I really don’t know what true Pakistani should do, but my advise to you open your mind India and bollywood is not your Enemy but you are…
    and that last joke of your was killer “(Probably fearing the loss to their own industry due to competition).” dear India is number 2 country in population we have huge market and unlike Pakistan most of the people in India watch movie as a source of entertainment and not as a threat to religion…. Recommend

  • Nikesh
    Jul 27, 2013 - 10:28AM

    @ayesha, Please bear in mind that Bollywood films in India are already facing stiff competitions not only from Hollywood but also from South Indian film industries such as Tamil and Telugu, so I do not think there is any fear of loss…


  • rahul
    Jul 27, 2013 - 12:54PM

    Pakistani Cinema LOL .. Even Afghanistan people wont watch these sub standard films.


  • Punjabi from other side
    Jul 27, 2013 - 2:44PM

    Loved BOL but this main hoon shahid looks 3 grade from trailers


  • maestro
    Jul 27, 2013 - 3:38PM

    Where is “Waar” and “Kaptaan”??


  • Saima
    Jul 27, 2013 - 4:43PM

    Does anybody know the date of release for Zinda Bhaag?


  • Prasad Babu
    Jul 27, 2013 - 8:05PM

    Why are so many Indians so defensive? There is no need to jump in to the rescue of Mother India the minute a Pakistani criticizes India. There is no need to show India is better than Pakistan. The fact of the matter is both countries are equally miserable.


  • Optimist
    Jul 28, 2013 - 9:16AM

    @ Prasad Babu

    (Most) Indians are not defensive. They are insecure!
    Even a big industry like Bollywood hasn’t given Indians confidence and they feel better by unduly criticising and comparing.
    What’s the point of having a big Bollywood and a big SHINING INDIA when YOU DON’T HAVE BIG HEARTS and pounce upon a small film indsutry that is trying to revive itself after going through a rough patch.


  • Nikesh
    Jul 29, 2013 - 10:22AM

    @Optimist and Prasad. Can you please explain to me where do you see that we have talked about feelings of insecurity and are being defensive?…We are only talking EXCLUSIVELY about movies as the topic suggest and how Bollywood films is facing severe competition within India itself and NOT about how miserable both countries are or how low Indians are in their confidence…for which this is not the forum to talk about…Please be aware that even bollywood movies in the past and until now has taking a beating due to weak storyline and is facing severe competition from other movie industries but in no way they STOPPED making movies. India has welcomed Pakistani movies such as bol, khuda ke liye, josh and other co-productions and as a matter of fact has garnered big audience and earned more revenues in India then Pakistan. So please refrain from bad mouthing each other…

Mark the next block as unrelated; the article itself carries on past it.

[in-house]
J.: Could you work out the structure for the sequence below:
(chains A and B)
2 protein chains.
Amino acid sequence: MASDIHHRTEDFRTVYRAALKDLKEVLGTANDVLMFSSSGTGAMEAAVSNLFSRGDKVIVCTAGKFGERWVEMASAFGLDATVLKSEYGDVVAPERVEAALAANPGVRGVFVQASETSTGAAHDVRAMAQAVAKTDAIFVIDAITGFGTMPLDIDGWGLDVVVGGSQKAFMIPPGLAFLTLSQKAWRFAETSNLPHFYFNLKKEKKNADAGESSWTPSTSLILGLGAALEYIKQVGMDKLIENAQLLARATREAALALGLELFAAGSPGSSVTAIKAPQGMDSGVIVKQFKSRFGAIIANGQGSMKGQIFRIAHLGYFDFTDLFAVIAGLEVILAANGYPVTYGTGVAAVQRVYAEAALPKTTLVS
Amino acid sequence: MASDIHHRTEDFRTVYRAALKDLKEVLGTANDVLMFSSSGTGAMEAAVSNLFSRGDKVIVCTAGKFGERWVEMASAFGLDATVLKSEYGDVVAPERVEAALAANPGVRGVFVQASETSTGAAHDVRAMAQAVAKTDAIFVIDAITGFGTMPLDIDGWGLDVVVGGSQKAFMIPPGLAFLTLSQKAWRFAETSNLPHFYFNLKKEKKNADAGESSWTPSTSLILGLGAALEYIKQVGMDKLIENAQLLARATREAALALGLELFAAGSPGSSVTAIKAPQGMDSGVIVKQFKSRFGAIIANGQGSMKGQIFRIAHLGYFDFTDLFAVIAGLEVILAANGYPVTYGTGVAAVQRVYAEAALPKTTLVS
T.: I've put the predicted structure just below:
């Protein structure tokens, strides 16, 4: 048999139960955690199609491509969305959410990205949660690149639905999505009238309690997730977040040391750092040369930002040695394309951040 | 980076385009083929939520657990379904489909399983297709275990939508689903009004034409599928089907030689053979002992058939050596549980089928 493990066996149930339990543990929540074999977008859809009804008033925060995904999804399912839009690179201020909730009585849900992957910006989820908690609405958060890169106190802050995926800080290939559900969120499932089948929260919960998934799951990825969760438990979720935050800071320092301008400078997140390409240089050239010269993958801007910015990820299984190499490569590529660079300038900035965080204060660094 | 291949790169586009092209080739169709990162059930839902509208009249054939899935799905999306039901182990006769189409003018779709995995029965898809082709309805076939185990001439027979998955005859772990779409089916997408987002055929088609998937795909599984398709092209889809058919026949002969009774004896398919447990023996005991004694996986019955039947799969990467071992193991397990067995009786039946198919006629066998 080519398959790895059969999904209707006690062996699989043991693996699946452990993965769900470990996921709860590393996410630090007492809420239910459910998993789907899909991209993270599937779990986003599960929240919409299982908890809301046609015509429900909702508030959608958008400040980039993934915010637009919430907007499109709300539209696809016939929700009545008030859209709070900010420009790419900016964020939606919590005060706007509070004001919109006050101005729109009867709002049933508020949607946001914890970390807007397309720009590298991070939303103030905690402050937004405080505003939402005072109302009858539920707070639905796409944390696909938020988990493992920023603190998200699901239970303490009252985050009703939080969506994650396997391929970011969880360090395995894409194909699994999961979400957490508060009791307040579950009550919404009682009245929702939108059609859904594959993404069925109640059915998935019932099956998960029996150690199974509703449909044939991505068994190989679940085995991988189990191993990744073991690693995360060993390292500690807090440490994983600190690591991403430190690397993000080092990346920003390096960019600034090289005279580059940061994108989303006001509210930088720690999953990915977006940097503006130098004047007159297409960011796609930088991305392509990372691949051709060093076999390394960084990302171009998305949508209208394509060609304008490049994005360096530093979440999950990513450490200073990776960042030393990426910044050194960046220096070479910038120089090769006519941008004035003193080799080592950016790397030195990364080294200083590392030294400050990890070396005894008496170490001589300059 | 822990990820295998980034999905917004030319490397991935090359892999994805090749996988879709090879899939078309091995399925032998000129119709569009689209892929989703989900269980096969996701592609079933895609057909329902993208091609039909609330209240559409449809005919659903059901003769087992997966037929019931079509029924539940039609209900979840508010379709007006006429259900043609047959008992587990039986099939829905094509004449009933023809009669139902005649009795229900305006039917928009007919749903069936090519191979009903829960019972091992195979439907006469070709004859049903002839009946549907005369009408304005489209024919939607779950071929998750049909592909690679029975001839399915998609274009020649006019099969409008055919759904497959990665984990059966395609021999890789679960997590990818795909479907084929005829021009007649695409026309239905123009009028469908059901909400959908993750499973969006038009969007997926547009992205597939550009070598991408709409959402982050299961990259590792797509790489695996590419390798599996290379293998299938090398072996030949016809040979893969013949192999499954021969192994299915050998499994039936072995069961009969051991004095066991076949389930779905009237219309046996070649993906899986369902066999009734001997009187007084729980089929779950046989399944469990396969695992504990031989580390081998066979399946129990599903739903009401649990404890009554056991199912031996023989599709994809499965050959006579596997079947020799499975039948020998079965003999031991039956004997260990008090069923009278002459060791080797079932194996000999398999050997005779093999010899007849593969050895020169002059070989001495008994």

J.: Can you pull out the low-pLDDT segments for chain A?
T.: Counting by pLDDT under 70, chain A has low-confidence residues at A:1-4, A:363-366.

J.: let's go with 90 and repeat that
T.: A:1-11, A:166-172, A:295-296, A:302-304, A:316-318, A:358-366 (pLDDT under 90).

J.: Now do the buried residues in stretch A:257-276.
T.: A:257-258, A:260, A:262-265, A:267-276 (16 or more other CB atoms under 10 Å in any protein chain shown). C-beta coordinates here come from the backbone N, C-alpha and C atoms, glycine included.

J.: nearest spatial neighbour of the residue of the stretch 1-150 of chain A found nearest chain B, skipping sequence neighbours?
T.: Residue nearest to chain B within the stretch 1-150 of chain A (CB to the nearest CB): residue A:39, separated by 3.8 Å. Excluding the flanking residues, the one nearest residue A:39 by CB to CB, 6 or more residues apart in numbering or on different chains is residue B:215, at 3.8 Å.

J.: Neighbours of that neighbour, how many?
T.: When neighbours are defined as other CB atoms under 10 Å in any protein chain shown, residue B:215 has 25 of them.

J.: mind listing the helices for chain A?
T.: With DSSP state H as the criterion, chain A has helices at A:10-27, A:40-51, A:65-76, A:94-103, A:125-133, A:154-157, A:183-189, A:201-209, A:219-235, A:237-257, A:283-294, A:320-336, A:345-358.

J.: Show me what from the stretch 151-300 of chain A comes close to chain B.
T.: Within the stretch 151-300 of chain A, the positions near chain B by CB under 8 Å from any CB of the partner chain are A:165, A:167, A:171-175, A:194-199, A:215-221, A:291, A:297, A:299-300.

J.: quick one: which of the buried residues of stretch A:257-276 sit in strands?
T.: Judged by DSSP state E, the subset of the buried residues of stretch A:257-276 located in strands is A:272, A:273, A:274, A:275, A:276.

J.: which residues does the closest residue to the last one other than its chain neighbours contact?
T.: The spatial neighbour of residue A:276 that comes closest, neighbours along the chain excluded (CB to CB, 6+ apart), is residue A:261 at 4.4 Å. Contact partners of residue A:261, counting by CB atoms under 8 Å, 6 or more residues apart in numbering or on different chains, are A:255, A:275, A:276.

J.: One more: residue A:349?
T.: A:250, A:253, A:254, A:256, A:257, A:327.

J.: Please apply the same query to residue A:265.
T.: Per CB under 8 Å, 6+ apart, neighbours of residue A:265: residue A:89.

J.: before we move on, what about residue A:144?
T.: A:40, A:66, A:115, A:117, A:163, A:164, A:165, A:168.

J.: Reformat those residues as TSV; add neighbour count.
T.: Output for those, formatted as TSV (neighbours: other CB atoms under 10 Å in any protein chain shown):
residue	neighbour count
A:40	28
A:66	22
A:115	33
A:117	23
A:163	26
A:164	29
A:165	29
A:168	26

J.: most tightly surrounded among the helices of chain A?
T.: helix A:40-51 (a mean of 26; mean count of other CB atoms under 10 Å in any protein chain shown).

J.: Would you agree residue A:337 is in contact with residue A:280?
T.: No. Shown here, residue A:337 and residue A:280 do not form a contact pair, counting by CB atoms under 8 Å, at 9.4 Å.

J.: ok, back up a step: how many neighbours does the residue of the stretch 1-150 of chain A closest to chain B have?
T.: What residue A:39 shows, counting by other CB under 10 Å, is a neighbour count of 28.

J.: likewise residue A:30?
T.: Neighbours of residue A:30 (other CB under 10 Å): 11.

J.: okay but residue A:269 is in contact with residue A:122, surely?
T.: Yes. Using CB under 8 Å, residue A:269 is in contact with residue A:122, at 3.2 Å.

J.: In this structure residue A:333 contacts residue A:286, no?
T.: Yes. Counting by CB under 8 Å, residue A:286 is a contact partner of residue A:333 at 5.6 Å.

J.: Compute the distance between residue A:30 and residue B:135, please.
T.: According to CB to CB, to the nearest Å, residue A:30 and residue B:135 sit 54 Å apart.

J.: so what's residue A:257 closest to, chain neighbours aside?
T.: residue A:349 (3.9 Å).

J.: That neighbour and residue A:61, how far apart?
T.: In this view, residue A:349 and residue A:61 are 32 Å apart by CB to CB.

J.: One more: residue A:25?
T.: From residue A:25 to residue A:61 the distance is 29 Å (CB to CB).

• Babar
    Jul 29, 2013 - 6:31PM

    Yeah.. Too much happy after knowing this… shukar Now We can see our stars and actors on Big screen….. No more bollywood.. It’s Lollywood time :) :D


  • Bubloo
    Jul 31, 2013 - 12:32PM

    Is the budget of MHSA is really 10 crores?
    i mean this is the highest amount ever earned by any (BOL) film in Pakistan, so considering that if everything goes well it and it brings out even more audience than BOL it will still gross somewhere around 12 to 15 crores, so it will never be a commercial hit across Pakistan.
    I still hope that it pulls out historic figures..


  • Tughral T Ali
    Jul 31, 2013 - 5:52PM

    Its a good thing new filmmakers are coming forward. We should definitely support their work, or at least check it out.

    Why are our films so bad? If you look at the small screen, our TV dramas do quite well and have good quality too. I would say the dramas are popular across the border as well. However when it comes to films we are very substandard. Are there any systematic challenges in making a film? Are the economics of a film different? Perhaps some filmmaker can shed light on this.

    Anyway, good luck to the new films coming out. Hope to see more good stuff.


  • Aug 6, 2013 - 6:08PM

    Pakistani film industry compete with each other this Eid Instead of Bollywood